‘About Last Night...’
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By Don Gibble  February 22, 2014 12:00 am

Fans of Kevin Hart will have a chance to go to the movie theater this week. So many people are choosing to see movies at home via Netflix and Redbox nowadays it’s refreshing to have a reason to go back to the theater and we do have the best movie theater in Sonoma county right here in Rohnert Park. 

Let’s talk about the remake of “About Last Night...” 

It’s not surprising that the remake is broader, cruder and raunchier than the original. What is surprising is it’s also much, much funnier. 

 The chief innovation of the remake, besides its largely African-American cast, is to up the romantic ante by having the main characters’ respective best friends involved in a relationship as well. 

But they couldn’t be more different. 

While Danny (Michael Ealy) and Debbie (Joy Bryant) engage in a typical screen romance depicted via scenes of lovemaking, sentimental montages and a communal bath surrounded by candles, their friends Bernie (Kevin Hart) and Joan (Regina Hall) are engaged in a hilariously mutually abusive death match marked by bouts of frenzied slapstick.

The quartet meets initially on a double date, with Danny and Debbie immediately developing a mutual attraction which lands them in bed. 

After some initial awkwardness about such issues as apartment keys and the like, Debbie soon moves into Danny’s skimpily furnished bachelor pad, which she promptly outfits with a dining room table. 

But for reasons that are never quite clear, other than Danny’s being miserable about his job and skittish about commitment, their relationship soon begins floundering, despite the adorable puppy he’s bought for her.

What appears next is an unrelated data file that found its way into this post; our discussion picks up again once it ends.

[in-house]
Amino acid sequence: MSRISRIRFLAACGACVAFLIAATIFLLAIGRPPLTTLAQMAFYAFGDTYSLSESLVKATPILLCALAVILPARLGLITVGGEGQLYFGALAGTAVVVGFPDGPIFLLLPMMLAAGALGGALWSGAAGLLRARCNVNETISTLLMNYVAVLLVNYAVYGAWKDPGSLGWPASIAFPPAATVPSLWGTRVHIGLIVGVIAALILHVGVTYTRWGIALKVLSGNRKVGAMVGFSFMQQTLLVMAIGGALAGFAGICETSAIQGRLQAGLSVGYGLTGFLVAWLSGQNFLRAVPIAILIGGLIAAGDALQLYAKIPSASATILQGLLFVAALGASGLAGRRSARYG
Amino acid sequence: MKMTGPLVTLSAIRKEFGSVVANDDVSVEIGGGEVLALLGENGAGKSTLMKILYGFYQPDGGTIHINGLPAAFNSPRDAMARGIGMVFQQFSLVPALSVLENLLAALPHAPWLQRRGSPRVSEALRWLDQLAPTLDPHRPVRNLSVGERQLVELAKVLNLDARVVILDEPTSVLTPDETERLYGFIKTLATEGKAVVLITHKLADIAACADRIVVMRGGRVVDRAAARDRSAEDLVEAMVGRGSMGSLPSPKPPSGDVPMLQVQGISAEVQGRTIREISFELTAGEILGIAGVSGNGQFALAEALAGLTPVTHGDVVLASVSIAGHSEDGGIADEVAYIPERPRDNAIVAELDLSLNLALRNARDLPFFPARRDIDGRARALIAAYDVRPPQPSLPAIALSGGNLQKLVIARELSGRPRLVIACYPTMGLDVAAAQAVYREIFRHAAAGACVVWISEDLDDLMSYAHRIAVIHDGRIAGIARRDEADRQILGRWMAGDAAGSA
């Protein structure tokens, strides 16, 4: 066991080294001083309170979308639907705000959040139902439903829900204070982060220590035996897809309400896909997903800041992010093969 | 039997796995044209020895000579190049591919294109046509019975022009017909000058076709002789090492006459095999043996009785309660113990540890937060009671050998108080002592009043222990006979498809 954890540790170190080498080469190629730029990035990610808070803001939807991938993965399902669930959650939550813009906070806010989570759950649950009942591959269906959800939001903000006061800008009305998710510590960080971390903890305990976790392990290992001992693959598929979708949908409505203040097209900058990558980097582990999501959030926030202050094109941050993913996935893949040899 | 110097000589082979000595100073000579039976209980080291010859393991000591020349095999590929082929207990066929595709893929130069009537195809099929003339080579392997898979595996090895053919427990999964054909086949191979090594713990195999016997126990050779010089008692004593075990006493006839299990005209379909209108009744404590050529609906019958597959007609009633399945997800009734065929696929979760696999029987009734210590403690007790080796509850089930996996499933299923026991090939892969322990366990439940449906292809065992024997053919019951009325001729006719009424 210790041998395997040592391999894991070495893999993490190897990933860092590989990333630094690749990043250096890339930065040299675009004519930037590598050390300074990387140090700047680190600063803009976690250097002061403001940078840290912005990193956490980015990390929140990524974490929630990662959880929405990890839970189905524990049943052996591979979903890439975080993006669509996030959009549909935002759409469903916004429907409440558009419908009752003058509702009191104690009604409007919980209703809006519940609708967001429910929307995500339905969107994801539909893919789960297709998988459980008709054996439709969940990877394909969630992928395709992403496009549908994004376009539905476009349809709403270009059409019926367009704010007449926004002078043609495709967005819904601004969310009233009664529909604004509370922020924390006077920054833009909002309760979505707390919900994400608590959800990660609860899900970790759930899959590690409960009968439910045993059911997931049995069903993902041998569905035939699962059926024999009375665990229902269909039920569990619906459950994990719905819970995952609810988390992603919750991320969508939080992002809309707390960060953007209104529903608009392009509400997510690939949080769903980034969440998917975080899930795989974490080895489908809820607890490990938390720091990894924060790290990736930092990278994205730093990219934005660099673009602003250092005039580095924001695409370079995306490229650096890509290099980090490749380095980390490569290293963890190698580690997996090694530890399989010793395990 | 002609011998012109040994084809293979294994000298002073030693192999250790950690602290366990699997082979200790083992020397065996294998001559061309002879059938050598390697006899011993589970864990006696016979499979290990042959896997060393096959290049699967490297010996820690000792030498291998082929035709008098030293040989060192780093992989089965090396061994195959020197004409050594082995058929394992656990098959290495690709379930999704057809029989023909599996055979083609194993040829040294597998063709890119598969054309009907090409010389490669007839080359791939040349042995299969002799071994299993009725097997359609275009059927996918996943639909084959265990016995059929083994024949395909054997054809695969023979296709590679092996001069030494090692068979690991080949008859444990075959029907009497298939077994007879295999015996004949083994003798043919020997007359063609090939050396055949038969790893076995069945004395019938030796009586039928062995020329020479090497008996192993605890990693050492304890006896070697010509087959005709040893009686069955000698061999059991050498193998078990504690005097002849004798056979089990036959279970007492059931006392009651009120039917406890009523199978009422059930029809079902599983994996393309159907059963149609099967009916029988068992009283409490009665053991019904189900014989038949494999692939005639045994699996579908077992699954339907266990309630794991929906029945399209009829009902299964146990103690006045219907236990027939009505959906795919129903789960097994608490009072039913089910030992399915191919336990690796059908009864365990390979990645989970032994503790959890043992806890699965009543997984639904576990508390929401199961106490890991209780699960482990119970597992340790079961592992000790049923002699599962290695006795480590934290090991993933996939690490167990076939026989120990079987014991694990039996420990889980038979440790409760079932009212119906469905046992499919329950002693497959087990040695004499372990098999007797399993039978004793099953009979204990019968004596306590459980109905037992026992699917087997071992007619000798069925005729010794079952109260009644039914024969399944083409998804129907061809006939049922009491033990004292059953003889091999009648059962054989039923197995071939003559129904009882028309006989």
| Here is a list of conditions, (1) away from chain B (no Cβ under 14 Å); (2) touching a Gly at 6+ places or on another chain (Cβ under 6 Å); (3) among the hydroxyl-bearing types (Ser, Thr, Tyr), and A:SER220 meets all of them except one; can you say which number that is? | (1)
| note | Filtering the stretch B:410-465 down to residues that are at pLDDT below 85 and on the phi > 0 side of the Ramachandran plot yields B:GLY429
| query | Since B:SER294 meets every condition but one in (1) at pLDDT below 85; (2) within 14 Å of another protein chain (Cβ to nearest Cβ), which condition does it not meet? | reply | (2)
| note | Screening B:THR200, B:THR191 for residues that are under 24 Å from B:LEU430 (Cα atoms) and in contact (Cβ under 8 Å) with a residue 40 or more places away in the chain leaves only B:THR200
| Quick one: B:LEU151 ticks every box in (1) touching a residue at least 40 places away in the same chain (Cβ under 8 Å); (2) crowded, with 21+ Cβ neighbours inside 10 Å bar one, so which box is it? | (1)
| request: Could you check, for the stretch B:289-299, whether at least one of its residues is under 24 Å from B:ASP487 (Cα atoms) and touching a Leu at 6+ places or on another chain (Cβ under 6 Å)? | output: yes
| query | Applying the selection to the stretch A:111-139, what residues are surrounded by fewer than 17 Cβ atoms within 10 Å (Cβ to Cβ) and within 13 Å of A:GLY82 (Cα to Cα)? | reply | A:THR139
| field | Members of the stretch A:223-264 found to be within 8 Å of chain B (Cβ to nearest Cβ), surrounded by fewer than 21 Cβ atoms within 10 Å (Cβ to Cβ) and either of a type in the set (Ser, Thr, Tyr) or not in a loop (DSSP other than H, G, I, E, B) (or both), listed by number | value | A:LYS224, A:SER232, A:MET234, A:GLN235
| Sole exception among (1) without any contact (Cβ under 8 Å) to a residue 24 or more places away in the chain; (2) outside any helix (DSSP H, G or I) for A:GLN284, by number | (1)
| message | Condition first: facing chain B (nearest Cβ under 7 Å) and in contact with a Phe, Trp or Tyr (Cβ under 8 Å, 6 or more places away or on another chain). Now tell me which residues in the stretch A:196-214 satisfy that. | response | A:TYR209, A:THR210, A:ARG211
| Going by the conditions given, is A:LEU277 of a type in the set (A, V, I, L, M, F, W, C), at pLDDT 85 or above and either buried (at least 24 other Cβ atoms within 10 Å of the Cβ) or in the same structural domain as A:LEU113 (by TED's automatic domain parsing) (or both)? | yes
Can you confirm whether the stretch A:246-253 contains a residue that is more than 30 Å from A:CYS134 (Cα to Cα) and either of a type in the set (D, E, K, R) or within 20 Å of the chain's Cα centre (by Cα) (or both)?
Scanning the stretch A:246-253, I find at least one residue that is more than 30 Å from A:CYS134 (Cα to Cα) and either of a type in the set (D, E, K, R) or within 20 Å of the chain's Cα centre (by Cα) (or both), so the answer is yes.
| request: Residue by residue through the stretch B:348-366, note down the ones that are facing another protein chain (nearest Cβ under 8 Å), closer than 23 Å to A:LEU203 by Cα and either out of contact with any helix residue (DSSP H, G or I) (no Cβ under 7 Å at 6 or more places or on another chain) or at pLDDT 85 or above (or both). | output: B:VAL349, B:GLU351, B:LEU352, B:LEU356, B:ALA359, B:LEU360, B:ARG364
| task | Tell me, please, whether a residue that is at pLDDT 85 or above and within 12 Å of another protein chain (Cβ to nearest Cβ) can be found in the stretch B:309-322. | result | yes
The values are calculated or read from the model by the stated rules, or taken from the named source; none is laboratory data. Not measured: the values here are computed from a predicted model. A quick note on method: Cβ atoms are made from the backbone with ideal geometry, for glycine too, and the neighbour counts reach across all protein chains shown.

Meanwhile, their counterparts, who are obviously made for each other with their shared compulsion for outrageous behavior, are enjoying a casual fling marked by tempestuous bouts of sex. 

But the conflicts soon begin to dominate, and while Danny and Debbie tearfully break up, Bernie and Joan engage in all-out warfare marked by expletive-filled screaming matches and one-upping each other with colorful insults.

The storyline involving Danny and Debbie is more than a little bit dull, and Ealy and Bryant are unable to compensate for their characters’ lack of interesting dialogue. Fortunately, Hart and Hall, displaying an amazing chemistry, are frequently on hand to liven up the proceedings. 

Delivering their rapid-fire bitchy repartee with a furious comic energy that has an improvisational feel, they make us care far more about their characters’ relationship while running away with the movie in the process.

At one point, Danny and Debbie are amusingly shown watching Rob Lowe and Demi Moore in the 1986 film on television and begin debating about whether it’s a chick flick or a dude movie. 

This version actually manages to have it both ways. 

It’s both a chick flick and a dude movie. See this one in the theater. You will thank me.

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